A lot of people think playing video games is a waste of time. Video games can actually boost your brain power. Here's how it works and the benefits.
Why Games Matter
I’ll start by telling anyone who reads this article that this is a bit personal, though I believe others feel the same way. But then that’s the point of opinionated writing isn’t it? Oh well. I have been playing games since I was about 8 (almost 13 years). In that time I have seen hundreds of games, but it wasn’t until recently that I realized something unique about my passion. There is something that games give people that very few other things can, another life. Yes, it sounds cheesy and simple minded, but the gaming is the only medium that allows its players to control another life as their own, and it is liberating.
I realized this more recently because I have struggled with depression on and off for the past two years and I can say with reasonable assurance that without my Xbox I would be in a very different place right now (if at all). There is no one type of game that gives release. I have found solace in puzzle games and shooters alike. This spring in particular it was Skyrim.
Skyrim boasts one of the richest worlds I have ever allowed myself to become involved. It is utterly enthralling. I was an RA this last year of school so in my copious free time I dove in with reckless abandon and lost myself in a world full of dragons and trolls and magic. I woke up most everyday feeling low, like something was truly missing, and Skyrim (like any prescription medication) helped me cope.
I ventured out on quests early in the morning, venturing from Whiterun no later than 7 a.m., explore until the sun began to set, and then find my way back home. I went into any shop with their doors still open and sold what I could before a) they ran out of money, or b) they all closed. I would rent a room at the local inn, a homey place, the name of which escapes me, for 10 gold a night. Not shabby.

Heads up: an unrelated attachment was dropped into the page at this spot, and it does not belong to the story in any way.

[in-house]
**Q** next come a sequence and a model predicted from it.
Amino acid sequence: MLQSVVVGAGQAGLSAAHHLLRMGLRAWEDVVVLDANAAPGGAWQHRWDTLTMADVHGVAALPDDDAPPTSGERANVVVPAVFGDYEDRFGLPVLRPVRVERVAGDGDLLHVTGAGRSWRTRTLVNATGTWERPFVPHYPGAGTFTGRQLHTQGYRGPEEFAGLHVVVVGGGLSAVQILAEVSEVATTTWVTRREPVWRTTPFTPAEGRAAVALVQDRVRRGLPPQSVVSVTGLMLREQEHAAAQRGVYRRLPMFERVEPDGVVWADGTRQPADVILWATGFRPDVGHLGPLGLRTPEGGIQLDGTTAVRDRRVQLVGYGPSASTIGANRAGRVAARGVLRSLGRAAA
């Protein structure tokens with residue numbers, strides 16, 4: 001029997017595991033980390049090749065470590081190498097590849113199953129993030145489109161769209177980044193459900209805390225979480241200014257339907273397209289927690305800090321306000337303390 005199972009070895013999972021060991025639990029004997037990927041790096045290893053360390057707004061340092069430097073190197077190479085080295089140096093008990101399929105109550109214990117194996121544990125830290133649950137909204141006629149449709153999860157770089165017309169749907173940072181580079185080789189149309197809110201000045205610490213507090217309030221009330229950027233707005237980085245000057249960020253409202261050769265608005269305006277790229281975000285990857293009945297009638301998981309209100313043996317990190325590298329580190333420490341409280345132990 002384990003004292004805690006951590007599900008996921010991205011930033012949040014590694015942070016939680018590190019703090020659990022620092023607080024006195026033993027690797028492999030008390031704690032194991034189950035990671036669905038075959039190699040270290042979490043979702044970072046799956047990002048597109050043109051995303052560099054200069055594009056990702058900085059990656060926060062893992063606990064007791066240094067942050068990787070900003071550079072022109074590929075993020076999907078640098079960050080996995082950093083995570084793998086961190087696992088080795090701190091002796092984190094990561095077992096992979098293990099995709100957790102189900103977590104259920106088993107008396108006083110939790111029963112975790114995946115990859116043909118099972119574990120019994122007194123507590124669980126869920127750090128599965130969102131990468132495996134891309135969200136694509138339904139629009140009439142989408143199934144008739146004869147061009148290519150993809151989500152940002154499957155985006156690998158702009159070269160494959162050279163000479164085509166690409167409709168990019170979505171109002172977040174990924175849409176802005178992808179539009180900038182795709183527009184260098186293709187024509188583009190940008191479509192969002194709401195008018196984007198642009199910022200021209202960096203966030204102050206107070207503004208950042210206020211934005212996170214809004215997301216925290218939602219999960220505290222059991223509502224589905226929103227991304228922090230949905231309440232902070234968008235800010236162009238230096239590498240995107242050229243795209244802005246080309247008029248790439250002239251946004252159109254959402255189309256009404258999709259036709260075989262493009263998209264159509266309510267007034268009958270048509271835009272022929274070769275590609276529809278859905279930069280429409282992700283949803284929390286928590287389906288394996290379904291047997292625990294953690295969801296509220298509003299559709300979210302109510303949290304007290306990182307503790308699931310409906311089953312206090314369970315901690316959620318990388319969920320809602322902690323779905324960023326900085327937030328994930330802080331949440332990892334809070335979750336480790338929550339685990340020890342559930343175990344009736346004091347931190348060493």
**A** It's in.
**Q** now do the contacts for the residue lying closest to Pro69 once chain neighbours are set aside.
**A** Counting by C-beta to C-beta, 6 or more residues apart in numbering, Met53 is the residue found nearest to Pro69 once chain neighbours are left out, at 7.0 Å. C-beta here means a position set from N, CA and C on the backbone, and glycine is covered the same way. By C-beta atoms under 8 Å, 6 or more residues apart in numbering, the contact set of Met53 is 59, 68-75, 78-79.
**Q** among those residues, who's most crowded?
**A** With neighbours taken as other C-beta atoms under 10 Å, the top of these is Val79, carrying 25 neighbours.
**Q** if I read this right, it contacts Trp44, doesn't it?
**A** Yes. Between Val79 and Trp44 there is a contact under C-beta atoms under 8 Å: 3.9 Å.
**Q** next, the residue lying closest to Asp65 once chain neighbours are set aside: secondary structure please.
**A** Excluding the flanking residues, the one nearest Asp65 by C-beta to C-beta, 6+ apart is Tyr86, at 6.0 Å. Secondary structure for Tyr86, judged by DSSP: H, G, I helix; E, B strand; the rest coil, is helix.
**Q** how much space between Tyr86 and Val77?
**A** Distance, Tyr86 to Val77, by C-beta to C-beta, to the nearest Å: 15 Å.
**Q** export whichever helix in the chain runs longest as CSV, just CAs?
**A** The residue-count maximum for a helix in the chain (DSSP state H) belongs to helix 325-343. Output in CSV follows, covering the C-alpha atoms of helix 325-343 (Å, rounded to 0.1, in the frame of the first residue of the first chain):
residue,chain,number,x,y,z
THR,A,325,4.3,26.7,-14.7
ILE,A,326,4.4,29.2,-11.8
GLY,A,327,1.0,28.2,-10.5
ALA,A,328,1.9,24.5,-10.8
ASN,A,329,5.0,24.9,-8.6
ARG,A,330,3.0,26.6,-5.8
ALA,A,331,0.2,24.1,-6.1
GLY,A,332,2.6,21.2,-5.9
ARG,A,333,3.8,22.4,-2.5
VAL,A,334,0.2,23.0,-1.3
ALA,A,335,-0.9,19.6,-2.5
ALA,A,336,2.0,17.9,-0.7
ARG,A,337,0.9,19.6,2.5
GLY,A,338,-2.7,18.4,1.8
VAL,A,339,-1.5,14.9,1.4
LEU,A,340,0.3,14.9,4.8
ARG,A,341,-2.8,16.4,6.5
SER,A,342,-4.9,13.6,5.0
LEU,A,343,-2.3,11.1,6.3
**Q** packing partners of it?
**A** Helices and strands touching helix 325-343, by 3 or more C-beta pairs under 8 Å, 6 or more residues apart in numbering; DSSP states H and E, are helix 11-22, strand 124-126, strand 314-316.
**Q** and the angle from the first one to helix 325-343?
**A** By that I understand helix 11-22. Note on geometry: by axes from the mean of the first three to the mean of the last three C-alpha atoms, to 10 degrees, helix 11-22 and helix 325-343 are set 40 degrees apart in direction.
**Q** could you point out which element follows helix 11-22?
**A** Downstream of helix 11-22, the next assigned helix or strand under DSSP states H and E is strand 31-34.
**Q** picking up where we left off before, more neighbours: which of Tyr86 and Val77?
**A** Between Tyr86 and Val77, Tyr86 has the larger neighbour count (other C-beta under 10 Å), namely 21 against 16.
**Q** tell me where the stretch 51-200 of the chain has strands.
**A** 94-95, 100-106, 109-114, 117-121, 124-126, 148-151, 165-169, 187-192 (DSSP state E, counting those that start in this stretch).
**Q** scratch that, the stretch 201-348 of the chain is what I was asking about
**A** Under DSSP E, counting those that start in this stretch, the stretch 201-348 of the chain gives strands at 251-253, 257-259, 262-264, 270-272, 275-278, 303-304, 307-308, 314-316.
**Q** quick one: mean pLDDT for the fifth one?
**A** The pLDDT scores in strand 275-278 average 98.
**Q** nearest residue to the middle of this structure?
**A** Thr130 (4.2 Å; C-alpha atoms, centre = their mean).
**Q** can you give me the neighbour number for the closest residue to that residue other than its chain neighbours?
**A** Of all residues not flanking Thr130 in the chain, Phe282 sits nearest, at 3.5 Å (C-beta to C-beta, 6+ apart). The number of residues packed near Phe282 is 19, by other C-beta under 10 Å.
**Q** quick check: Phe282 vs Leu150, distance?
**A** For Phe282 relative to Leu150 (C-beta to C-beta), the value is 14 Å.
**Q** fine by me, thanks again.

The next day I would let myself sleep in. 9 a.m. maybe 10, that way I could catch most shops as soon as they open. I would, for whatever reason, go downstairs and buy bread and cheese from the innkeeper and eat it before heading out. The town circle tended to be my first destination. I headed up to Dragonsreach, the Jarl’s Hall, and tell him that not only did I take care of his bandit problem but I slayed a dragon on the way as well. He would laud me for my bravery and pay me off. 1500 gold later I headed back out to the shops and spent what I could to improve my armor and weapons.
After my shopping was finished I asked around for more work; more bandits, lost jewelry, an imprisoned son, work for at least the next few days. I needed a horse so I left the keep’s walls and headed for the stables just outside. 1000 even for saddled steed. Having the money made me feel accomplished, and without hesitation I threw down for a sturdy, dark brown coated horse. I was ready to make the journey to Solitude. But it was getting dark and the journey would be long. Best if I waited till morning.